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In Roe, a 7-2 majority of the court said that the 14th Amendment's guarantee of liberty included a right to privacy that protects a person's decision to end a pregnancy. The court reiterated that holding 19 years later in Planned Parenthood v. Casey.
Ginsburg, a driving force for gender equality as an attorney, believed the court should have struck down abortion restrictions because they violate the Constitution’s promise of equal protection. Abortion restrictions, she argued, discriminated against women because they deprived them of their autonomy and "equal citizenship stature."
Neil Siegel, a professor of law and political science at Duke University who clerked for Ginsburg in the high court's 2003-2004 term, said that she didn’t view the debate as a mutually exclusive choice. Instead, constitutional principles of liberty and equality supported each other in her view, according to Siegel.
"She did criticize Roe for its lack of incrementalism, for going too far, too fast," Siegel said. "But, you know, it's exactly the lack of incrementalism that the Dobbs draft is guilty of." If the draft becomes the court's majority opinion, Siegel said, it "is exactly the opposite of the kind of incrementalism that she preached as an advocate, and that liberals criticized her for."
In the same 1992 address Alito cited, Ginsburg noted an Air Force captain she represented before the Supreme Court in 1972. At the time, the service required pregnant officers to get an abortion or face discharge. Ginsburg argued that the policy was discriminatory because it placed the burden of child-rearing on women.
The Air Force changed its policy before the court ruled.
Had they followed through rather than dismissing the case, Ginsburg wondered, might the justices have "comprehended an argument, or at least glimpsed a reality, it later resisted – that disadvantageous treatment of a woman because of her pregnancy and reproductive choice is a paradigm case of discrimination on the basis of sex?"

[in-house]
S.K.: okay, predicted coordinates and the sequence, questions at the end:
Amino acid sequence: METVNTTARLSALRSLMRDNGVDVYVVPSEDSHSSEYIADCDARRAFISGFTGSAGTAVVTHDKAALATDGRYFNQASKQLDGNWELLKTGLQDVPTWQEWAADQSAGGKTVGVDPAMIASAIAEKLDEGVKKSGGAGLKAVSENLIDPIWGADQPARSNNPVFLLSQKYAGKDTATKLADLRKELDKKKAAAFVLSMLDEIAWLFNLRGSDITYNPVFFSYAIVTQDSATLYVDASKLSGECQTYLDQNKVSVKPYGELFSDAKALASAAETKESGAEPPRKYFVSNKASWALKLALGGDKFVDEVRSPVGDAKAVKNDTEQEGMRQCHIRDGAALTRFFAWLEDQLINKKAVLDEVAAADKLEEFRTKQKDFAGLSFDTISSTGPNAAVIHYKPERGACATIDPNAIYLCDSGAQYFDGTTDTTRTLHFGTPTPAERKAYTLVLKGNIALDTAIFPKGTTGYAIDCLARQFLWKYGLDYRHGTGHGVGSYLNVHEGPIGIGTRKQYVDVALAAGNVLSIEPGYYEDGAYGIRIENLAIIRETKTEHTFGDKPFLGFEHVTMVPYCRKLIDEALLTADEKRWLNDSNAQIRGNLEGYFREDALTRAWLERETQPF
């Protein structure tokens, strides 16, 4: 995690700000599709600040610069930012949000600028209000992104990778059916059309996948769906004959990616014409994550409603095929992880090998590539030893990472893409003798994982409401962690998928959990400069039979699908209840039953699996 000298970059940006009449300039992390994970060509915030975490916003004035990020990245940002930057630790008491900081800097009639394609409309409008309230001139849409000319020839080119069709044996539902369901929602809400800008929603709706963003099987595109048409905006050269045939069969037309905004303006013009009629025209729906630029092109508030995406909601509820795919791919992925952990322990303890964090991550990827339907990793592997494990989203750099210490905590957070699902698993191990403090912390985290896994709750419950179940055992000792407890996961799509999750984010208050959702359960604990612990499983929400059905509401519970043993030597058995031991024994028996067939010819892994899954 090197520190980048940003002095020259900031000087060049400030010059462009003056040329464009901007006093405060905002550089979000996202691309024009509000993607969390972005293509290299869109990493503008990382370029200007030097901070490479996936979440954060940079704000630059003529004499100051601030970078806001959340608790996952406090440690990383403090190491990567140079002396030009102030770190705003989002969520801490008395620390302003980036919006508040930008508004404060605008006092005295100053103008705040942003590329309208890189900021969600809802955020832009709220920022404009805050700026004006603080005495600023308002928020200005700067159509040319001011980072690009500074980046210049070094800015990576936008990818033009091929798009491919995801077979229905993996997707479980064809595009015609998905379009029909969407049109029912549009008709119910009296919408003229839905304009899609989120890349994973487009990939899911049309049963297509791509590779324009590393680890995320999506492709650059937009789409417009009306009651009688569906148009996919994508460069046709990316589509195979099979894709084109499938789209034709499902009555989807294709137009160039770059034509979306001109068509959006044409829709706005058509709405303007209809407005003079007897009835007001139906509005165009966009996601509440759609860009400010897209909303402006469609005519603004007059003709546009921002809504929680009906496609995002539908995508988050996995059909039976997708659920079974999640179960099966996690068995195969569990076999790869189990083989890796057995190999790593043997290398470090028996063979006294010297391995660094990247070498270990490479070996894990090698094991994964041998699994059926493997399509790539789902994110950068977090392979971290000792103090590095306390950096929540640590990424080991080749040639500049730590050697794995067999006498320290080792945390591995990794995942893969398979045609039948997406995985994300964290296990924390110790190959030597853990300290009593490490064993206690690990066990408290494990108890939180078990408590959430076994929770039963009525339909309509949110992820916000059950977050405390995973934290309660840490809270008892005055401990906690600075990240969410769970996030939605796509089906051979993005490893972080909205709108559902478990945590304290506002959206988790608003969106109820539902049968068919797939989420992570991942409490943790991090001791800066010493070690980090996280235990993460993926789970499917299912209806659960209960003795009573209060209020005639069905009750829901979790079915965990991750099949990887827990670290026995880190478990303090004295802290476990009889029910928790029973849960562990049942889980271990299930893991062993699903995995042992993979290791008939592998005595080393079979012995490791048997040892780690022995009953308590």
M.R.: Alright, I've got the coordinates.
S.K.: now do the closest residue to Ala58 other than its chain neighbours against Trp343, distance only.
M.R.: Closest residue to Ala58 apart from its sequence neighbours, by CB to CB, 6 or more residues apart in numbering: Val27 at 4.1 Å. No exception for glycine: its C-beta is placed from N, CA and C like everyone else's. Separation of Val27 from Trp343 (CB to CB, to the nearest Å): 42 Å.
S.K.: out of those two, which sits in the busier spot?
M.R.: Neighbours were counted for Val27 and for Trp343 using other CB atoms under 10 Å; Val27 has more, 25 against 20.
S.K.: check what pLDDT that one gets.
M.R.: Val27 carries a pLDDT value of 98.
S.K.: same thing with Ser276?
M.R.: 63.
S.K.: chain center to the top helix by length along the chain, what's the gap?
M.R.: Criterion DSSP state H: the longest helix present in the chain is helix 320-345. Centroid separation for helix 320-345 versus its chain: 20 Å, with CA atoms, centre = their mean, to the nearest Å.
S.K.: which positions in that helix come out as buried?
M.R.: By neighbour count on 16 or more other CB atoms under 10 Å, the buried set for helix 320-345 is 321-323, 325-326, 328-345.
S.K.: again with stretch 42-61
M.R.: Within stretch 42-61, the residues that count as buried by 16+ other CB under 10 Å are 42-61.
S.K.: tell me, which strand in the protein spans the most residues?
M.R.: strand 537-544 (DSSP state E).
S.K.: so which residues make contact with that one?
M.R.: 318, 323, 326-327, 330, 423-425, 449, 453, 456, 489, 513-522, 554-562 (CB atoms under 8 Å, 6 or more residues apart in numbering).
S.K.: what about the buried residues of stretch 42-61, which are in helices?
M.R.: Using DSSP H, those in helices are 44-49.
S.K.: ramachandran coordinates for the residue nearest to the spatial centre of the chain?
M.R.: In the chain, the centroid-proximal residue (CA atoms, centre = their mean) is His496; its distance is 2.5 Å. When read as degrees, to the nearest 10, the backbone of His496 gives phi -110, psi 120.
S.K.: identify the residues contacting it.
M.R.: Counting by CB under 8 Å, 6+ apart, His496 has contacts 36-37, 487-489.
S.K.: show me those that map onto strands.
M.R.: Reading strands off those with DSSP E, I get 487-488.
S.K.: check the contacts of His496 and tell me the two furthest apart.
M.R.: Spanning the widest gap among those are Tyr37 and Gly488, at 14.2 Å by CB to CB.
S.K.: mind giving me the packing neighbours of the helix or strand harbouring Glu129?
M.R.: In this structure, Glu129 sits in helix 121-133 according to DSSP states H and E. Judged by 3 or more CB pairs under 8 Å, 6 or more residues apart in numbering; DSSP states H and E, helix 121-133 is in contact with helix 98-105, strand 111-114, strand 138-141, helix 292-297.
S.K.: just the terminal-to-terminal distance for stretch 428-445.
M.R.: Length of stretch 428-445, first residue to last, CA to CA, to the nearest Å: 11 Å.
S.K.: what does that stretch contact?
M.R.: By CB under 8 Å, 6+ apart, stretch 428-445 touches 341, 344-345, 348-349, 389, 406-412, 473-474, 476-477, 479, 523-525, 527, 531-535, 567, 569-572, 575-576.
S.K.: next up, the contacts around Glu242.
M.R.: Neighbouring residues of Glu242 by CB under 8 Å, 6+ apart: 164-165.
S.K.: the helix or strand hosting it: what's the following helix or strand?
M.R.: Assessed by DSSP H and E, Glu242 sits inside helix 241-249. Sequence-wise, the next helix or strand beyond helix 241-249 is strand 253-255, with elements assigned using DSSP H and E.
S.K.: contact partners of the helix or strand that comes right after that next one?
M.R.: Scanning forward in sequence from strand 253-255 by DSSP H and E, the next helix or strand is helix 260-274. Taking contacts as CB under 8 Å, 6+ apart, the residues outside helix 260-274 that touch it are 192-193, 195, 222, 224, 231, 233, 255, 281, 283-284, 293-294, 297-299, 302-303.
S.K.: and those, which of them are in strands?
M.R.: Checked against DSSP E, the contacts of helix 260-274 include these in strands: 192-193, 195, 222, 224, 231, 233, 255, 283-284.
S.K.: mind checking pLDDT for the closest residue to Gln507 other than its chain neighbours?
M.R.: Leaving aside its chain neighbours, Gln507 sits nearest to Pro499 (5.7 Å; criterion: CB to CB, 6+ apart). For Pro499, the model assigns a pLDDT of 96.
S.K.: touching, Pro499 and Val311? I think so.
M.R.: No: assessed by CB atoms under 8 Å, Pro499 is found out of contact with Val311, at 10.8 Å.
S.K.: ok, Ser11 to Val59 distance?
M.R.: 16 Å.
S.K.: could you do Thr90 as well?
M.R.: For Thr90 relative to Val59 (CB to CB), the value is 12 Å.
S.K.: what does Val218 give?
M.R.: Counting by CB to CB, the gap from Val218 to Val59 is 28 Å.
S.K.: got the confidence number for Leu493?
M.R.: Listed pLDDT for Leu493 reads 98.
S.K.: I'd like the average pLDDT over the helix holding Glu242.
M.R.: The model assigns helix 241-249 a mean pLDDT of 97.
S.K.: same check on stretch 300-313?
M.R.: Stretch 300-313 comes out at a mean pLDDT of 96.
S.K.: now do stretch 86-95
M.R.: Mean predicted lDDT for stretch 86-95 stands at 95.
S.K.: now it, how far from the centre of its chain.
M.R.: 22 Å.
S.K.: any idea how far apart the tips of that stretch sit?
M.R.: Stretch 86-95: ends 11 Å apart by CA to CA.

Ginsburg’s equal protection argument resurfaced in Dobbs before oral arguments late last year. The Biden administration was among several parties that tried to convince the court in legal briefs that state abortion bans are a "profound intrusion" on a woman’s "autonomy," "bodily integrity," and "equal standing in society."
Alito brushed aside those arguments in his draft, asserting prior cases already have established that the restrictions are not sex-based.
"Neither Roe nor Casey saw fit to invoke this theory, and it is squarely foreclosed by our precedents," Alito wrote. "As the court has stated, the 'goal of preventing abortion' does not constitute 'invidiously discriminatory animus against women.'"
Ginsburg disagreed. Women's ability to "realize their full potential" as citizens and in the workforce "is intimately connected to 'their ability to control their reproductive lives,'" Ginsburg wrote in a 2007 dissent.
"Legal challenges to undue restrictions on abortion procedures do not seek to vindicate some generalized notion of privacy; rather, they center on a woman's autonomy to determine her life's course, and thus to enjoy equal citizenship stature," she added.
The distinction between Ginsburg's legal reasoning and what the court embraced in Roe may not have much practical significance. If a majority of the justices are prepared to abandon the central premise of Roe to overrule it, then it seems unlikely those same justices would reach for a new constitutional rationale to save it.
"I think that the equal protection arguments that you see developed in scholarship wouldn't get off the ground," said Sherif Girgis, a former Alito clerk and professor at Notre Dame Law School.
"It makes sense to develop in a law review article," he said, "but it might look too academic in a judicial opinion."